13. Andersen, Torben G. & Bollerslev, Tim & Lange, Steve, 1999. "Forecasting financial market volatility: Sample frequency vis-a-vis forecast horizon," Journal of Empirical Finance, Elsevier, vol. 6(5), pages 457-477, December.
    14. Andersen, Torben G. & Bollerslev, Tim & Diebold, Francis X. & Ebens, Heiko, 2001. "The distribution of realized stock return volatility," Journal of Financial Economics, Elsevier, vol. 61(1), pages 43-76, July.
    15. Roel C.A. OOMEN, 2001. "Using high frequency stock market index data to calculate, model and forecast realized return variance," Economics Working Papers ECO2001/06, European University Institute.
    16. Taylor, Stephen J. & Xu, Xinzhong, 1997. "The incremental volatility information in one million foreign exchange quotations," Journal of Empirical Finance, Elsevier, vol. 4(4), pages 317-340, December.
    17. Blair, Bevan J. & Poon, Ser-Huang & Taylor, Stephen J., 2001. "Forecasting S&P 100 volatility: the incremental information content of implied volatilities and high-frequency index returns," Journal of Econometrics, Elsevier, vol. 105(1), pages 5-26, November.
    18. Bera, Anil K & Higgins, Matthew L, 1993. " ARCH Models: Properties, Estimation and Testing," Journal of Economic Surveys, Wiley Blackwell, vol. 7(4), pages 305-366, December.
    19. Bollerslev, Tim & Chou, Ray Y. & Kroner, Kenneth F., 1992. "ARCH modeling in finance : A review of the theory and empirical evidence," Journal of Econometrics, Elsevier, vol. 52(1-2), pages 5-59.
    Full references (including those not matched with items on IDEAS)

    Citations

    Citations are extracted by the CitEc Project, subscribe to its RSS feed for this item.
    as


    Cited by:

    1. Daniel Djupsjobacka, 2010. "Implications of market microstructure for realized variance measurement," The European Journal of Finance, Taylor & Francis Journals, vol. 16(1), pages 27-43.
    2. Linlan Xiao, 2013. "Realized volatility forecasting: empirical evidence from stock market indices and exchange rates," Applied Financial Economics, Taylor & Francis Journals, vol. 23(1), pages 57-69, January.
    3. repec:eee:intfin:v:52:y:2018:i:c:p:102-113 is not listed on IDEAS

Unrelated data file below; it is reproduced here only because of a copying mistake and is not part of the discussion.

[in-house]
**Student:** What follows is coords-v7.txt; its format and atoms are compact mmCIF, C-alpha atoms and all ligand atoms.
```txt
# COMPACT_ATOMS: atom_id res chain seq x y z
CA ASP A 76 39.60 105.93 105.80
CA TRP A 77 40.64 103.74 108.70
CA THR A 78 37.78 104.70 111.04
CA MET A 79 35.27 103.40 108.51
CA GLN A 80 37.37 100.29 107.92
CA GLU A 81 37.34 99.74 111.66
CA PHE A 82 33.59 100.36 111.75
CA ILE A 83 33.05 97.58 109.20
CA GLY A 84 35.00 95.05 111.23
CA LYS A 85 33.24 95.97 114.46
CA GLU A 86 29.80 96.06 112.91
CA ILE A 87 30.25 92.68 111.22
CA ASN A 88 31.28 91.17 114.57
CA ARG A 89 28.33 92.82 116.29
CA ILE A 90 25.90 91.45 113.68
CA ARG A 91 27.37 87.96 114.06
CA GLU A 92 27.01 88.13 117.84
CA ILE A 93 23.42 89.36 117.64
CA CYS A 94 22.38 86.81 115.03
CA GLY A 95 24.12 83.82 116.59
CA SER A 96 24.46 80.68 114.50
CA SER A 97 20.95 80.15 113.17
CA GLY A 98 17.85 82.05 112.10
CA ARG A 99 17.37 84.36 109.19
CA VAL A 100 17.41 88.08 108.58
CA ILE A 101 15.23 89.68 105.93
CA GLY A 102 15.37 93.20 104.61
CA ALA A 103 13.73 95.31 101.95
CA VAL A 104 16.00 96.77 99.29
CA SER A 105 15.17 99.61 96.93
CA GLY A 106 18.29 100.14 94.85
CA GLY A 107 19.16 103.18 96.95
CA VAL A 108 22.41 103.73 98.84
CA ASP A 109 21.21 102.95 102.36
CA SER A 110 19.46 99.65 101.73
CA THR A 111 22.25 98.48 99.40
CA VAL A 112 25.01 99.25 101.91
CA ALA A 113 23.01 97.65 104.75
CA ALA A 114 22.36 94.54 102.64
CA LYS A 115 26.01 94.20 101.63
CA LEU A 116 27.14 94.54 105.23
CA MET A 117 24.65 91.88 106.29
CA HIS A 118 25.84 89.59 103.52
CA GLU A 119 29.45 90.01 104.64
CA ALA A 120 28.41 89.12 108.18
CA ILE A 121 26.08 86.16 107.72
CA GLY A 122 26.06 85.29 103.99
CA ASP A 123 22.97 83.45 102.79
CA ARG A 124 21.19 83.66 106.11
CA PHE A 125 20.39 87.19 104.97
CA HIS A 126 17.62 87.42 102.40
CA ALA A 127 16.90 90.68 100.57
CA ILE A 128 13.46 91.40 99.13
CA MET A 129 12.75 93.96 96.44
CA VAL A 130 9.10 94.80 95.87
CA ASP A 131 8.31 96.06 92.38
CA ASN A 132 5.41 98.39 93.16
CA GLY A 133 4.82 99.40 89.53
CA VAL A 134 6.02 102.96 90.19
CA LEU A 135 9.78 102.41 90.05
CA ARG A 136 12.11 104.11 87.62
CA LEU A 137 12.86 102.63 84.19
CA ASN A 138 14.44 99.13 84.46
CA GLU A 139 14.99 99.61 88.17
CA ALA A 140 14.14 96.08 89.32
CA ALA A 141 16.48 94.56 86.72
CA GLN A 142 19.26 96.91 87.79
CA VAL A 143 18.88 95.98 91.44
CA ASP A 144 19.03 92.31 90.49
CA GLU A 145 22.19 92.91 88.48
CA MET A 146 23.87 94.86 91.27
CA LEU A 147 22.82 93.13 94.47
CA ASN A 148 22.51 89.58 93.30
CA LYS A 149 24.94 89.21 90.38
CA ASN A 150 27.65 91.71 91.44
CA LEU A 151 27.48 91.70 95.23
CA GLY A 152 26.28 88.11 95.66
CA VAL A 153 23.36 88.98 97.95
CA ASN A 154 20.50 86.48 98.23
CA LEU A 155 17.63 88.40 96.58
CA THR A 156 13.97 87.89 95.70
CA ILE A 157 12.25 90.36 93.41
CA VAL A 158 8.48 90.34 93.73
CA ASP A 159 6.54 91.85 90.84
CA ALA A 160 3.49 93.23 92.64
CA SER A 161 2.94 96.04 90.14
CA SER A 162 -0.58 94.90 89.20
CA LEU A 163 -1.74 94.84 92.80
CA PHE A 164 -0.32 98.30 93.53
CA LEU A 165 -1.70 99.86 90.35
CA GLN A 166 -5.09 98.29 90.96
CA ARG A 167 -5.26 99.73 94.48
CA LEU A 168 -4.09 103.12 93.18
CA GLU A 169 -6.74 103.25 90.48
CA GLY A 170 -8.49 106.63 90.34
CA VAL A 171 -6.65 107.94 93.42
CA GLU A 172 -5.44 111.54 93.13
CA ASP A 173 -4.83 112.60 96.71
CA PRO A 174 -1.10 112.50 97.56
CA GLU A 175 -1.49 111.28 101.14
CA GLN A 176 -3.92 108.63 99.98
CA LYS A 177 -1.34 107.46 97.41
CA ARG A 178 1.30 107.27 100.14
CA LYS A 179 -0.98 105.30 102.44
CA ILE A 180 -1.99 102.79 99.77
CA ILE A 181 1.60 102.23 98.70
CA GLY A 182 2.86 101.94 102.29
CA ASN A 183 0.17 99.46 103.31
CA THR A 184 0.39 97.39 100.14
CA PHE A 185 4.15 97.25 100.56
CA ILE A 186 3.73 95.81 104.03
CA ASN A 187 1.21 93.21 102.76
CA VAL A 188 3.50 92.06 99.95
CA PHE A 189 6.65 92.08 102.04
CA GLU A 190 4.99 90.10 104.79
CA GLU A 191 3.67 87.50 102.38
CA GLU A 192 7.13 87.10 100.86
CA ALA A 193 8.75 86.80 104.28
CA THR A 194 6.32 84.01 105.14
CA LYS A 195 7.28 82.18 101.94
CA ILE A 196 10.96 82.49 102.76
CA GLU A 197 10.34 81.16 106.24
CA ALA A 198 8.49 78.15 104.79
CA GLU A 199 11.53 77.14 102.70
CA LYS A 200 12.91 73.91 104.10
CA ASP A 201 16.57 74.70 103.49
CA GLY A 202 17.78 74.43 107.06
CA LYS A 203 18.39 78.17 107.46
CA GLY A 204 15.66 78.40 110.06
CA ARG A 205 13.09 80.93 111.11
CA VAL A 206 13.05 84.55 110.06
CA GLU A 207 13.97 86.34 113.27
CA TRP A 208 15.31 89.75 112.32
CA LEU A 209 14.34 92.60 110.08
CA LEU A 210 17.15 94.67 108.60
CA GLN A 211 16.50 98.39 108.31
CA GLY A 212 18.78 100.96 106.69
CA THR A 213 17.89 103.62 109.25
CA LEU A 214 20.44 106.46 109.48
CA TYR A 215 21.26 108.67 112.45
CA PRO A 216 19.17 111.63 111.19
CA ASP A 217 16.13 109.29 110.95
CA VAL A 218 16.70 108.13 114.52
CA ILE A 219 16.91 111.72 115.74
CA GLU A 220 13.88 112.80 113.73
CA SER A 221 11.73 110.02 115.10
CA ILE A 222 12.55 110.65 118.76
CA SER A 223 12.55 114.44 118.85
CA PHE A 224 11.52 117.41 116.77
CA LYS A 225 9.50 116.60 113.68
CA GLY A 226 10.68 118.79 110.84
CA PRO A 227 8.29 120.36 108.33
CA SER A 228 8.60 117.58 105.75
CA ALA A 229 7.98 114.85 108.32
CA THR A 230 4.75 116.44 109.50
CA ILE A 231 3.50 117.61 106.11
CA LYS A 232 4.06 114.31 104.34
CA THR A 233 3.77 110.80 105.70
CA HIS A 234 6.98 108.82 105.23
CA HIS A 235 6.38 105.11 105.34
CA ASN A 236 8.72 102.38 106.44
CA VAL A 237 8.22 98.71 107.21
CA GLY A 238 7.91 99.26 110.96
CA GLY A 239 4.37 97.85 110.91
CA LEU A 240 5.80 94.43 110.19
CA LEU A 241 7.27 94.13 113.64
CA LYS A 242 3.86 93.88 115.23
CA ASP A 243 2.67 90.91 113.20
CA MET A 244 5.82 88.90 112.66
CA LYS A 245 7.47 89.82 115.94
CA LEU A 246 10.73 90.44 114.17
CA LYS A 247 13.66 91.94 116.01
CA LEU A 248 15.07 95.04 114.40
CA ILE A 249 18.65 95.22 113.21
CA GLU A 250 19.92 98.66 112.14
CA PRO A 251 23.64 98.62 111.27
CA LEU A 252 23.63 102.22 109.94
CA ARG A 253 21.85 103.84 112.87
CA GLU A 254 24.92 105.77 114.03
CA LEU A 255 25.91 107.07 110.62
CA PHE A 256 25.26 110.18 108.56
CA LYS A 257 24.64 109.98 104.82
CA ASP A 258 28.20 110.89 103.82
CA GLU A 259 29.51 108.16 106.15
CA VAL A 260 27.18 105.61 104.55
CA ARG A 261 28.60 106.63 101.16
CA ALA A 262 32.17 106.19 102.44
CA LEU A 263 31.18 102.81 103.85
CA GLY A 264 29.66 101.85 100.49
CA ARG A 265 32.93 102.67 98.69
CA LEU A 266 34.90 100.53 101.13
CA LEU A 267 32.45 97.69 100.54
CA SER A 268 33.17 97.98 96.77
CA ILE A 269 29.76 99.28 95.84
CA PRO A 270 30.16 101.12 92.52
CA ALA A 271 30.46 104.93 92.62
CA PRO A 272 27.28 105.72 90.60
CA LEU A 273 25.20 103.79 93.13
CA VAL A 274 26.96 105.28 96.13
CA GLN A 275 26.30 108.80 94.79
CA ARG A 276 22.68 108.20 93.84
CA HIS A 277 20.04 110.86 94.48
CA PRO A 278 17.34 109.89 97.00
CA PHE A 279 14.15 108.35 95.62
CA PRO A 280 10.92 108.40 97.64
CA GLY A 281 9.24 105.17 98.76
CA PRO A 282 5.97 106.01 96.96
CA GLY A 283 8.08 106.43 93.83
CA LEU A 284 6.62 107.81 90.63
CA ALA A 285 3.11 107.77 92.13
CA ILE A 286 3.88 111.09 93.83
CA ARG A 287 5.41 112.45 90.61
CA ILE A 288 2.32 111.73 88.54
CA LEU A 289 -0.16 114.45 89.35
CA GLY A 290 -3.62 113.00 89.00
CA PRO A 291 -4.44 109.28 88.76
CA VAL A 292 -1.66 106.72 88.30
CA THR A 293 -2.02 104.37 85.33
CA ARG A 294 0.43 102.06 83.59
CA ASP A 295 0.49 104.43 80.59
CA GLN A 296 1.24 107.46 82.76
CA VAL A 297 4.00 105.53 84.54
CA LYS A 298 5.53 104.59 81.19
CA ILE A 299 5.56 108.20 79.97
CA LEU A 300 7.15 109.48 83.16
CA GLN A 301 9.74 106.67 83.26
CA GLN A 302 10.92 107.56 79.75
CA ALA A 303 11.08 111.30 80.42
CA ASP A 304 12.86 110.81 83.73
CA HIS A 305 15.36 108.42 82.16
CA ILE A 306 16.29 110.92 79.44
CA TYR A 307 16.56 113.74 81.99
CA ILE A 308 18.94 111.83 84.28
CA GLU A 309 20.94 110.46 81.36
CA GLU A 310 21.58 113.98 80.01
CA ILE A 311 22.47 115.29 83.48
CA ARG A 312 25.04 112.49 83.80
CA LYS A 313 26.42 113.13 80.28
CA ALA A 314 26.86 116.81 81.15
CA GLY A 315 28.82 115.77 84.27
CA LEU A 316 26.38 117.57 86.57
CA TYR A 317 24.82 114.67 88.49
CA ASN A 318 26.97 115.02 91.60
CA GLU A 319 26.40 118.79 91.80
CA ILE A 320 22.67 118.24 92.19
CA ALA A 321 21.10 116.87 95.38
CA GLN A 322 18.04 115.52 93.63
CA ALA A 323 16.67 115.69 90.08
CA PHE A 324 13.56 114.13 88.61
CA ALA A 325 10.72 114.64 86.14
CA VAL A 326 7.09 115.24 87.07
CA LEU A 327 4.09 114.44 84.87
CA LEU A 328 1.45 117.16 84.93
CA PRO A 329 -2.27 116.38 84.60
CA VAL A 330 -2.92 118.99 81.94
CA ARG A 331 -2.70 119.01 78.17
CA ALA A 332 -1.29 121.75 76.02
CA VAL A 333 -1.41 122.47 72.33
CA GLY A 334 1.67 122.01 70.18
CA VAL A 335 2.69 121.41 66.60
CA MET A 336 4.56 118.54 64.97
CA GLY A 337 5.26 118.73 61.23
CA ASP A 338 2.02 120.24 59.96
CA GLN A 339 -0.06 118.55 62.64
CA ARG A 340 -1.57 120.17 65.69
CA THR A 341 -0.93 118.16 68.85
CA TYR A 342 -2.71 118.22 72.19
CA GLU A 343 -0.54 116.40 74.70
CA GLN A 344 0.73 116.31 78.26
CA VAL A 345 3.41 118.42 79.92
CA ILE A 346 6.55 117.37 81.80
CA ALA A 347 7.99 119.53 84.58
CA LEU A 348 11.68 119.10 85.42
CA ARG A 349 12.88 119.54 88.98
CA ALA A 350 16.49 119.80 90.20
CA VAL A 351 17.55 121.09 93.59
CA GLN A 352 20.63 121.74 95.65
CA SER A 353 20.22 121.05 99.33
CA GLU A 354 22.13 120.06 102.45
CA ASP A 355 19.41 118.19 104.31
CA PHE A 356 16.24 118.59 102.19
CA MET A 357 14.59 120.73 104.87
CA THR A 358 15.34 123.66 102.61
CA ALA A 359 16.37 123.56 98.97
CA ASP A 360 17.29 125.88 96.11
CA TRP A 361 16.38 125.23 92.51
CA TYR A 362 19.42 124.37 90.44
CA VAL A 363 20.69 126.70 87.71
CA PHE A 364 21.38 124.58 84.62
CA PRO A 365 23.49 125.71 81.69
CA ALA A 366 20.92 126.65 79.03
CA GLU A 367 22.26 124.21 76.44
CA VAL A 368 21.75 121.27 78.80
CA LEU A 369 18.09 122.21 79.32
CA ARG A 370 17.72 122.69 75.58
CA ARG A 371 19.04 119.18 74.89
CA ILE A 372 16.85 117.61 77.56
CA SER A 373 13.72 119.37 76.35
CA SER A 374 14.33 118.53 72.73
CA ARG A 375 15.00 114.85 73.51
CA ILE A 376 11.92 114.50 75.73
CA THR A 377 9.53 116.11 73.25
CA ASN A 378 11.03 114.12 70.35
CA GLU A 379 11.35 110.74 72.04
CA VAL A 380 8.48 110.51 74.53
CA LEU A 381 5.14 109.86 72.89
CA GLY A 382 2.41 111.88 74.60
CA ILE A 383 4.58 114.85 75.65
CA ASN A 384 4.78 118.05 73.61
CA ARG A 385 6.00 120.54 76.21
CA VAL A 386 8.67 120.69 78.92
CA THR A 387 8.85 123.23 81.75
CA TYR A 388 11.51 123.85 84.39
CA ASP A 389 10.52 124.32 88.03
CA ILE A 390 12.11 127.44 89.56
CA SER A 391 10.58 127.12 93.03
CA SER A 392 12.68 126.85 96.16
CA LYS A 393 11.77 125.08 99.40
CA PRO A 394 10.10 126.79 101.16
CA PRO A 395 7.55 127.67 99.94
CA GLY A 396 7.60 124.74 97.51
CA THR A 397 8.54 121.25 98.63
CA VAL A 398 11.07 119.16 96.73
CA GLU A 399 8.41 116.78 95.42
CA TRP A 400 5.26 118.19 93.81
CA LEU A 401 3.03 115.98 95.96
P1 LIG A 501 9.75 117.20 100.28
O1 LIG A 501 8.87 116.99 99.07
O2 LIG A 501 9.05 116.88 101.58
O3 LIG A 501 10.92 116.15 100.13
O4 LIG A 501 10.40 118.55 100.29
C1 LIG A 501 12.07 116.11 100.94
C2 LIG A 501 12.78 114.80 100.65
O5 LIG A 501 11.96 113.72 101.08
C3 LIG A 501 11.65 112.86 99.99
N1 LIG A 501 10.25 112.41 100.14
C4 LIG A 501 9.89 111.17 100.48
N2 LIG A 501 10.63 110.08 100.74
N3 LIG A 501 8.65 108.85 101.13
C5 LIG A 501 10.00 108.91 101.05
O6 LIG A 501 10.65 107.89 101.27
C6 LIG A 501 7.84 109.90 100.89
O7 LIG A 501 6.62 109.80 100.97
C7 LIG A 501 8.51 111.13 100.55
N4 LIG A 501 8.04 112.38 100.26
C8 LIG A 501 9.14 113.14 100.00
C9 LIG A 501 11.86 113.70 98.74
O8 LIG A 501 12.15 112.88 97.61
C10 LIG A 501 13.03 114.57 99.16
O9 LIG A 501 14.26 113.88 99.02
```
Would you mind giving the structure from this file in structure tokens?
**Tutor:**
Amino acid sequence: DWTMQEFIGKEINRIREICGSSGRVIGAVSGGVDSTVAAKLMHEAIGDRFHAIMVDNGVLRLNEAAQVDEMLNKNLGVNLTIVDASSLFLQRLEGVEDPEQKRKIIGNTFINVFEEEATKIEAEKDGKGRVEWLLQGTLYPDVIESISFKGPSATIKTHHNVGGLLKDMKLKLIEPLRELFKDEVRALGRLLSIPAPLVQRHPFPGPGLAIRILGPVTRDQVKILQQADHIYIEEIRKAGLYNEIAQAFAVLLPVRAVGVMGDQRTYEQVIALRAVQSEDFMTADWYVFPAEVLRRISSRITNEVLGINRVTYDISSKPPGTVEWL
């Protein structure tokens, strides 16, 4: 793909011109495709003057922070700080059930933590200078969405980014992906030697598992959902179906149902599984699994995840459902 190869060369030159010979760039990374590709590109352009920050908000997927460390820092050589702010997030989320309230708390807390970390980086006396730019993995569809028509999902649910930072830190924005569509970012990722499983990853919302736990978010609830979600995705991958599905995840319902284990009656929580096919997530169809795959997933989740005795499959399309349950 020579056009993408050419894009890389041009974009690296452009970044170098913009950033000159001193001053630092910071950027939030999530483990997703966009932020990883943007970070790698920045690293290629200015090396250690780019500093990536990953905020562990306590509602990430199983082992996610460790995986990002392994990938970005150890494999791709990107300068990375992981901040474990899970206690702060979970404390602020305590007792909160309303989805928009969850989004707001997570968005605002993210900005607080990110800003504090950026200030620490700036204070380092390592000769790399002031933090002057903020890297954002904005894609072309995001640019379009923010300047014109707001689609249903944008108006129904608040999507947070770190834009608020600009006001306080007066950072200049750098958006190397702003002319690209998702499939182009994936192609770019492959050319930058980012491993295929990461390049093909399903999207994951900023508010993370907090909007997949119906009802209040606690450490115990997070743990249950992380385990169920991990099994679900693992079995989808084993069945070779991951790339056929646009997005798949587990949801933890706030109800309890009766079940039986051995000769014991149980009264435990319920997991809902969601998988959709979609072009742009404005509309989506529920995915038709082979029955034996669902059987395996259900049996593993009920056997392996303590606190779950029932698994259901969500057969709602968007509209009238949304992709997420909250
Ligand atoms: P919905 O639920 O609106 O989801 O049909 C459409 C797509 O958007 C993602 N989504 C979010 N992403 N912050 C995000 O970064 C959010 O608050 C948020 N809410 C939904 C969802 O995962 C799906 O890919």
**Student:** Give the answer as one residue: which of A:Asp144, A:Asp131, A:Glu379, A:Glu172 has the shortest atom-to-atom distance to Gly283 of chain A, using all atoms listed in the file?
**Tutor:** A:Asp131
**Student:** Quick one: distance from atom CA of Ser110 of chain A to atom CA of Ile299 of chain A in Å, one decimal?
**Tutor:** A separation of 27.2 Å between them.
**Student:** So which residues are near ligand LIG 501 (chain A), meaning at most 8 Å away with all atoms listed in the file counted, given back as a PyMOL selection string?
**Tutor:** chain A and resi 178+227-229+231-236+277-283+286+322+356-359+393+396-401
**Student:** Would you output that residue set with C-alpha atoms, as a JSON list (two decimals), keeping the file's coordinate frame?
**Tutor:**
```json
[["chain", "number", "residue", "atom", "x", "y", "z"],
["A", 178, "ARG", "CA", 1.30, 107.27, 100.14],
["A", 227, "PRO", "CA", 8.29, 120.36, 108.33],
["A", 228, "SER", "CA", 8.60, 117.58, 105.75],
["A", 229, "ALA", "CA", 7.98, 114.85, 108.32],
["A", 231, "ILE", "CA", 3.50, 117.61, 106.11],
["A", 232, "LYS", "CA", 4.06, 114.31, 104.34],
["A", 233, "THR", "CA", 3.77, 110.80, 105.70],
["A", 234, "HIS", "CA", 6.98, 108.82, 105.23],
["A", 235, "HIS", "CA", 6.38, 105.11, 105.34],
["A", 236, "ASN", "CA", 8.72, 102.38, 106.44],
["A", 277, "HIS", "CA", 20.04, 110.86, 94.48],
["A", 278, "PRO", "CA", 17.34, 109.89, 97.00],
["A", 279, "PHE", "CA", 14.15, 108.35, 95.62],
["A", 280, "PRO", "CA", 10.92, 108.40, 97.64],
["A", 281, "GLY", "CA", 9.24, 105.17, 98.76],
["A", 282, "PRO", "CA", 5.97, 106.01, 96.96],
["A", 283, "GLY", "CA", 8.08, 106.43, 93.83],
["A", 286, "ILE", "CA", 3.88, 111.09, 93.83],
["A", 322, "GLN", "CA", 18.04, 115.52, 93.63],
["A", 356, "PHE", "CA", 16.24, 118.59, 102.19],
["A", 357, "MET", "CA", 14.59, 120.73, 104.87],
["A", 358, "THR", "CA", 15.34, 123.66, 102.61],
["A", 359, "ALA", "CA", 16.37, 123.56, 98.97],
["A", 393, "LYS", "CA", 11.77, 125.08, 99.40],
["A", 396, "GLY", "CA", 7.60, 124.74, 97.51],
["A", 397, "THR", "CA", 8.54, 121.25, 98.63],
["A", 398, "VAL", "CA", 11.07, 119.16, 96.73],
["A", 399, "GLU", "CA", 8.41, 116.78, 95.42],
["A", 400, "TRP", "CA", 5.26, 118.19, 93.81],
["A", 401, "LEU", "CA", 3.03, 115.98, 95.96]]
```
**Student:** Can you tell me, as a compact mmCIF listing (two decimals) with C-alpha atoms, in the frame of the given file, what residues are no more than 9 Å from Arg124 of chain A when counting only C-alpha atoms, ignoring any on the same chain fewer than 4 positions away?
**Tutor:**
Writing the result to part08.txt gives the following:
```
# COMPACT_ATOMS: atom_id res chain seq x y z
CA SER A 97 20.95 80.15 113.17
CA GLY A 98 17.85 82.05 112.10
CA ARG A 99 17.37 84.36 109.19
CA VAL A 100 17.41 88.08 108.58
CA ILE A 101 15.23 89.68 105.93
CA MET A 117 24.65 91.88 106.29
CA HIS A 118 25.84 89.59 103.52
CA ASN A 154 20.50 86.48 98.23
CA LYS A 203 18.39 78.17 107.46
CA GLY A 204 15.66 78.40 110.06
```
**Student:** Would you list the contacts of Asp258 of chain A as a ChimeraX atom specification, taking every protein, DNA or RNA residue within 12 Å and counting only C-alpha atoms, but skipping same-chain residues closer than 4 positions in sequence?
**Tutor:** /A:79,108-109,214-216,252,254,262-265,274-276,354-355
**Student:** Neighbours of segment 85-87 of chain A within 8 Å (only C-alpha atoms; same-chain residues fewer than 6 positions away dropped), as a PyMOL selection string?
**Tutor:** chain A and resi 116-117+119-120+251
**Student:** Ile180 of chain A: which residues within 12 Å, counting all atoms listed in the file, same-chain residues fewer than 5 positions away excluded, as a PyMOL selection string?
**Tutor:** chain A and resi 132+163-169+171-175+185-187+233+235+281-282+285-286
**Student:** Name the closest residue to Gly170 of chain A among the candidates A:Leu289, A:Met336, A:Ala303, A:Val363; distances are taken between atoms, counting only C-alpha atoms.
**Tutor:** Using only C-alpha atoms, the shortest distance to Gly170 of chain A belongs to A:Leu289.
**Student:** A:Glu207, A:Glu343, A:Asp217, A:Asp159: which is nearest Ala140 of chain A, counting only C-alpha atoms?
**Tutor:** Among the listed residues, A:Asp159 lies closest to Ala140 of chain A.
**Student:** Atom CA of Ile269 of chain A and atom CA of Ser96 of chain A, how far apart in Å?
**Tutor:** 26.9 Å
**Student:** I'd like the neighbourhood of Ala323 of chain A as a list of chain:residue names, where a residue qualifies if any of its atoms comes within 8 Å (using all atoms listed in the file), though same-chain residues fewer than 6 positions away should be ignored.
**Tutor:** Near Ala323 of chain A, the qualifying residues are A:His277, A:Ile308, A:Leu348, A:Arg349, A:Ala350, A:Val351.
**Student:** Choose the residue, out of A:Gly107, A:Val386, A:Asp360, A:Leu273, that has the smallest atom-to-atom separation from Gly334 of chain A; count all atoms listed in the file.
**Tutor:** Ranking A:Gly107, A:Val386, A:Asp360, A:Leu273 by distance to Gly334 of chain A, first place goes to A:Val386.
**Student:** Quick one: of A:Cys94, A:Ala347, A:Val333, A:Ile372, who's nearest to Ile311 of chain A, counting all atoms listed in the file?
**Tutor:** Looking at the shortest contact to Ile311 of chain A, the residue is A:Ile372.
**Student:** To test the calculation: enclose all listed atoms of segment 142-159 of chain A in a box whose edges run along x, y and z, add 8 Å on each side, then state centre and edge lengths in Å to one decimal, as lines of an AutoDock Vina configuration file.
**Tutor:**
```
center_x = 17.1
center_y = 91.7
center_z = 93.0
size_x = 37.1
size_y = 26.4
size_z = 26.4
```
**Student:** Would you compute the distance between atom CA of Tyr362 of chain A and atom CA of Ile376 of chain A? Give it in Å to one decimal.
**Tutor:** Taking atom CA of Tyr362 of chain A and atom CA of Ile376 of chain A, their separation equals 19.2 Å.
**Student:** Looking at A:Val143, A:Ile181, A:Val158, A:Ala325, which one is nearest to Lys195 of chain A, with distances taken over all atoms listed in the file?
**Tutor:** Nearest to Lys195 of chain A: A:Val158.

4. Bertrand B. Maillet & Jean-Philippe R. M�decin, 2010. "Extreme Volatilities, Financial Crises and L-moment Estimations of Tail-indexes," Working Papers 2010_10, Department of Economics, University of Venice "Ca' Foscari".

    More about this item

    Keywords

    ARFIMA; Financial market volatility; GARCH; Realised volatility; Stochastic volatility; Stock index returns; Unobserved ARMA component;

    JEL classification:

    • C22 - Mathematical and Quantitative Methods - - Single Equation Models; Single Variables - - - Time-Series Models; Dynamic Quantile Regressions; Dynamic Treatment Effect Models; Diffusion Processes
    • C53 - Mathematical and Quantitative Methods - - Econometric Modeling - - - Forecasting and Prediction Models; Simulation Methods
    • G15 - Financial Economics - - General Financial Markets - - - International Financial Markets

    NEP fields

    This paper has been announced in the following NEP Reports:

    Statistics

    Access and download statistics

    Corrections

    All material on this site has been provided by the respective publishers and authors. You can help correct errors and omissions. When requesting a correction, please mention this item's handle: RePEc:tin:wpaper:20020068. See general information about how to correct material in RePEc.

    For technical questions regarding this item, or to correct its authors, title, abstract, bibliographic or download information, contact: (Tinbergen Office +31 (0)10-4088900). General contact details of provider: http://edirc.repec.org/data/tinbenl.html .

    If you have authored this item and are not yet registered with RePEc, we encourage you to do it here. This allows to link your profile to this item. It also allows you to accept potential citations to this item that we are uncertain about.

    If CitEc recognized a reference but did not link an item in RePEc to it, you can help with this form .

    If you know of missing items citing this one, you can help us creating those links by adding the relevant references in the same way as above, for each refering item. If you are a registered author of this item, you may also want to check the "citations" tab in your RePEc Author Service profile, as there may be some citations waiting for confirmation.

    Please note that corrections may take a couple of weeks to filter through the various RePEc services.

    IDEAS is a RePEc service hosted by the Research Division of the Federal Reserve Bank of St. Louis . RePEc uses bibliographic data supplied by the respective publishers.